Learn to Code and Make the Software You Want

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Learn to Code and Make the Software You Want

I attended this session because I want to be more self sufficient as a Marketing Technologist and not rely on developers as much as I am. It turned out to be my favorite session. Background: Neither of them could code a few years ago. They walked the audience through the steps they went through to learn to code. They learned how to create the ideas in their mind and bring them into the world.

Social Tags:

  • @innonate
  • @vacanti
  • #sxhope


You have to have a specific need, not “I need to code.

[important]One and only one pre-requisite: really, really need something specific to be built.[/important]

Outsourcing your code dev is difficult. They don’t know what’s in your head. No matter how long your documented tech spec requirements are they can’t make realtime decisions about what feels right they way you can. A benefit of being able to create your own code allows you to test out the ideas before involving partners, investors or anyone else.

The Big Secret:

[important]”It’s not that hard”[/important]

Both continually had the realization that coding is not as hard as it seems. The ecosystem has grown up and it’s easier for non-coders to code. In the last 5 years it’s gotten much easier.

What Does it Take?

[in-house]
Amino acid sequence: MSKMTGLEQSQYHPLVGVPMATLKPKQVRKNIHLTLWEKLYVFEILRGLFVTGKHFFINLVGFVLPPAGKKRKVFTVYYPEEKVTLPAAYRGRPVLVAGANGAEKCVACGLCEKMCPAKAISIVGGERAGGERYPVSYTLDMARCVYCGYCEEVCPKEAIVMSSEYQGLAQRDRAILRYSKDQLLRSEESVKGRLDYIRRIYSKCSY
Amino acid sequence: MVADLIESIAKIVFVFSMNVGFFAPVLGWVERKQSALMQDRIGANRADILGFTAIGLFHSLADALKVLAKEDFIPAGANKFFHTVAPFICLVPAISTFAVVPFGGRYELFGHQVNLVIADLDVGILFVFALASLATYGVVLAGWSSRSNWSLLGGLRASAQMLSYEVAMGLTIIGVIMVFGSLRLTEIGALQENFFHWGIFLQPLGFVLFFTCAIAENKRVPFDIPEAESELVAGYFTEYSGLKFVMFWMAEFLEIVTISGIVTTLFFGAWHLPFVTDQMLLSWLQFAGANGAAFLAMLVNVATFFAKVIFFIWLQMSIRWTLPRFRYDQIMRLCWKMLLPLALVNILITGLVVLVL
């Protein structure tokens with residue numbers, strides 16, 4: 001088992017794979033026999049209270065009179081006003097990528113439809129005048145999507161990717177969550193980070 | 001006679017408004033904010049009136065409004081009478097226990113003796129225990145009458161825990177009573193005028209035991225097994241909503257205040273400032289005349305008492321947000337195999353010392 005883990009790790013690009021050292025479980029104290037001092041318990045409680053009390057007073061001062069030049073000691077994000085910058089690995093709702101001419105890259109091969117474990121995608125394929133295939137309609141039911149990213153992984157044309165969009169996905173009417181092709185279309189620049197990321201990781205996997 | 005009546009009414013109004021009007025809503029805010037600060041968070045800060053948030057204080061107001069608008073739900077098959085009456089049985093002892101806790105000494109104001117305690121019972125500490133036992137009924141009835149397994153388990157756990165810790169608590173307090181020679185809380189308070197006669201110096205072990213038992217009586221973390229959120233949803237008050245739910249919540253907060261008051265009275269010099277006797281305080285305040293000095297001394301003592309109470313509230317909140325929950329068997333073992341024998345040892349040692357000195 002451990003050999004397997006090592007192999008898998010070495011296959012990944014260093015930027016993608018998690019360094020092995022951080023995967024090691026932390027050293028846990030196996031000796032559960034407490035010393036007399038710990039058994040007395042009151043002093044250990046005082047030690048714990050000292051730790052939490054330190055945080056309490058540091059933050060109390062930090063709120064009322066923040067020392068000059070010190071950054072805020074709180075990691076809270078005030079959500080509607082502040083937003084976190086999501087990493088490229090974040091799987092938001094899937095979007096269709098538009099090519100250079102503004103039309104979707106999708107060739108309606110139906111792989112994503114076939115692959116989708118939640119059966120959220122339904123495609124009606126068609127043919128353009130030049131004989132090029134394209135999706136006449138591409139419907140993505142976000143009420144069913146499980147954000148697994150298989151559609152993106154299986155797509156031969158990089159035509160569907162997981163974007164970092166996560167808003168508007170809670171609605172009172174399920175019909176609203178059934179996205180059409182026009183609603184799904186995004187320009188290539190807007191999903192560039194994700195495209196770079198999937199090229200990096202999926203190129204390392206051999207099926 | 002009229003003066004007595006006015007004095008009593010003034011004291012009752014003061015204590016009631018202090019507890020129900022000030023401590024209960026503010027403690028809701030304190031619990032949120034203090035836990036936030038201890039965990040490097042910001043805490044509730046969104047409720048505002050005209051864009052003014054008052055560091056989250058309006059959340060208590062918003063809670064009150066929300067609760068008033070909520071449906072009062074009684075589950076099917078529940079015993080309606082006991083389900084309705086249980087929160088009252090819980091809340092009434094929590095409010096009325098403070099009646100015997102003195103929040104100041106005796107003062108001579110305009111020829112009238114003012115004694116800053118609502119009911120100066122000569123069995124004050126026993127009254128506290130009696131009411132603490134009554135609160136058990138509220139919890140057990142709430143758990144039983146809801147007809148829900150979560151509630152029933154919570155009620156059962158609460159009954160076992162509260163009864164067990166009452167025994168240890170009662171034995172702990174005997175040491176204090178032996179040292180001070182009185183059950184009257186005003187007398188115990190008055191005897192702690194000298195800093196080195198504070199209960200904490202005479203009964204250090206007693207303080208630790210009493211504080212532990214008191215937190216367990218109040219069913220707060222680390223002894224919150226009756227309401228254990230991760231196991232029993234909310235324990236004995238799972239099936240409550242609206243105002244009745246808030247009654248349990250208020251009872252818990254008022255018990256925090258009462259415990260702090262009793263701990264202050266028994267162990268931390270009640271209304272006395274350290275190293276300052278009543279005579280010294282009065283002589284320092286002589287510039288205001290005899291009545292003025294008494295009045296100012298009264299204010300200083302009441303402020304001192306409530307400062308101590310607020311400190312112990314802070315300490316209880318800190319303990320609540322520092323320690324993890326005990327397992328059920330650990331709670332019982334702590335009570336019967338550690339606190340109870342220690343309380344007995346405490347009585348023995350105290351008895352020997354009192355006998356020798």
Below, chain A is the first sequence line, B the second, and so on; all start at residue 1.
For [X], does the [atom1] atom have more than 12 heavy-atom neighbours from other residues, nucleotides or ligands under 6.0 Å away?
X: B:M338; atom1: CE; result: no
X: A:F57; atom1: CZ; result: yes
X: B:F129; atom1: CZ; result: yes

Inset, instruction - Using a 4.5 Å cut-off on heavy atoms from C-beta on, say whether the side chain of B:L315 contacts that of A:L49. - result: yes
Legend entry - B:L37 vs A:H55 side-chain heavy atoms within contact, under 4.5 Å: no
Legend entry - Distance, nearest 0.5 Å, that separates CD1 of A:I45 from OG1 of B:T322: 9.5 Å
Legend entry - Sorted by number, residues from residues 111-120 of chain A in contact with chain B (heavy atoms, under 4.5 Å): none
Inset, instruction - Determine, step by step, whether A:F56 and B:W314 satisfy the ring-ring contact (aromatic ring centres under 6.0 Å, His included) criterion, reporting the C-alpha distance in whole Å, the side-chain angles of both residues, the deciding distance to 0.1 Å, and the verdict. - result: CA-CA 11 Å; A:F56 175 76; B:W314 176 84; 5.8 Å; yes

[important]”The Sweat Lodge”[/important]

Take a chunk of time and do nothing but learn to code. Sweat it out. At the end of Day 1 and 2 – Westheimer still had no clue on what he was doing. After 5 days he finally had a clue of how to achieve accomplish his coding goal. You need a dedicated block of time to get over the early hump. Although coding easier, there are somethings that are really, really hard and you need dedicated time to work through it.


Nate Westheimer

Nate Westheimer

Vinicius Vacanti

Vinicius Vacanti


Coding Components: High-Level Explanation in 3 steps

User Request: “http://yourdomain.com/actions?details=number_two”

Server: “Yo app! I got this request. Check it…”

Your App: “Sweet! Going to do some magic. Here’s the result.”

Things Not To Worry About

Don’t worry about much – get it up and running.

  • Security
  • Scaling Issues
  • Writing Beautiful Code
  • Maintainability of Code

When you’ll need these things, you’ll either have a team to do it or you’ll have moved on.

Learning Python/Django

Vicante bought the O’Reilly book, read 4 chapters and that was enough to understand the basics. Django sits on top of Python. Start by learning the basics of Python. Examples of Django include Instagram and Hunch Resources:

Learning Ruby on Rails

Resources Westheimer used:

So which one should you learn? –> Python or Ruby?

Doesn’t matter which, but you do have to pick. Decision criteria: Do you know someone you can call for help? Can you call them in a tough moment?

Learning HTML/CSS

Resources: (affiliate links)

Help Yourself

[important]24 hour rule. Figure it out. Don’t ask for help for 24 hours[/important]

It’s okay to write ugly code that works.  You learn by trying. There is value in that journey, it’s better than a leg up by phoning a friend.

Still Need Help? Just Ask

If after a day you haven’t solved the problem, go to an online forum. Responses often happen the same day. Resources:


Open-Source Projects

At the moment there are well over 4,000 site examples with the code. It’s a great way to see how others are solving a similar problem. Check out djangosites.com.

Sites They Built:

Find Authors At:

Photo Credit [sxsw]

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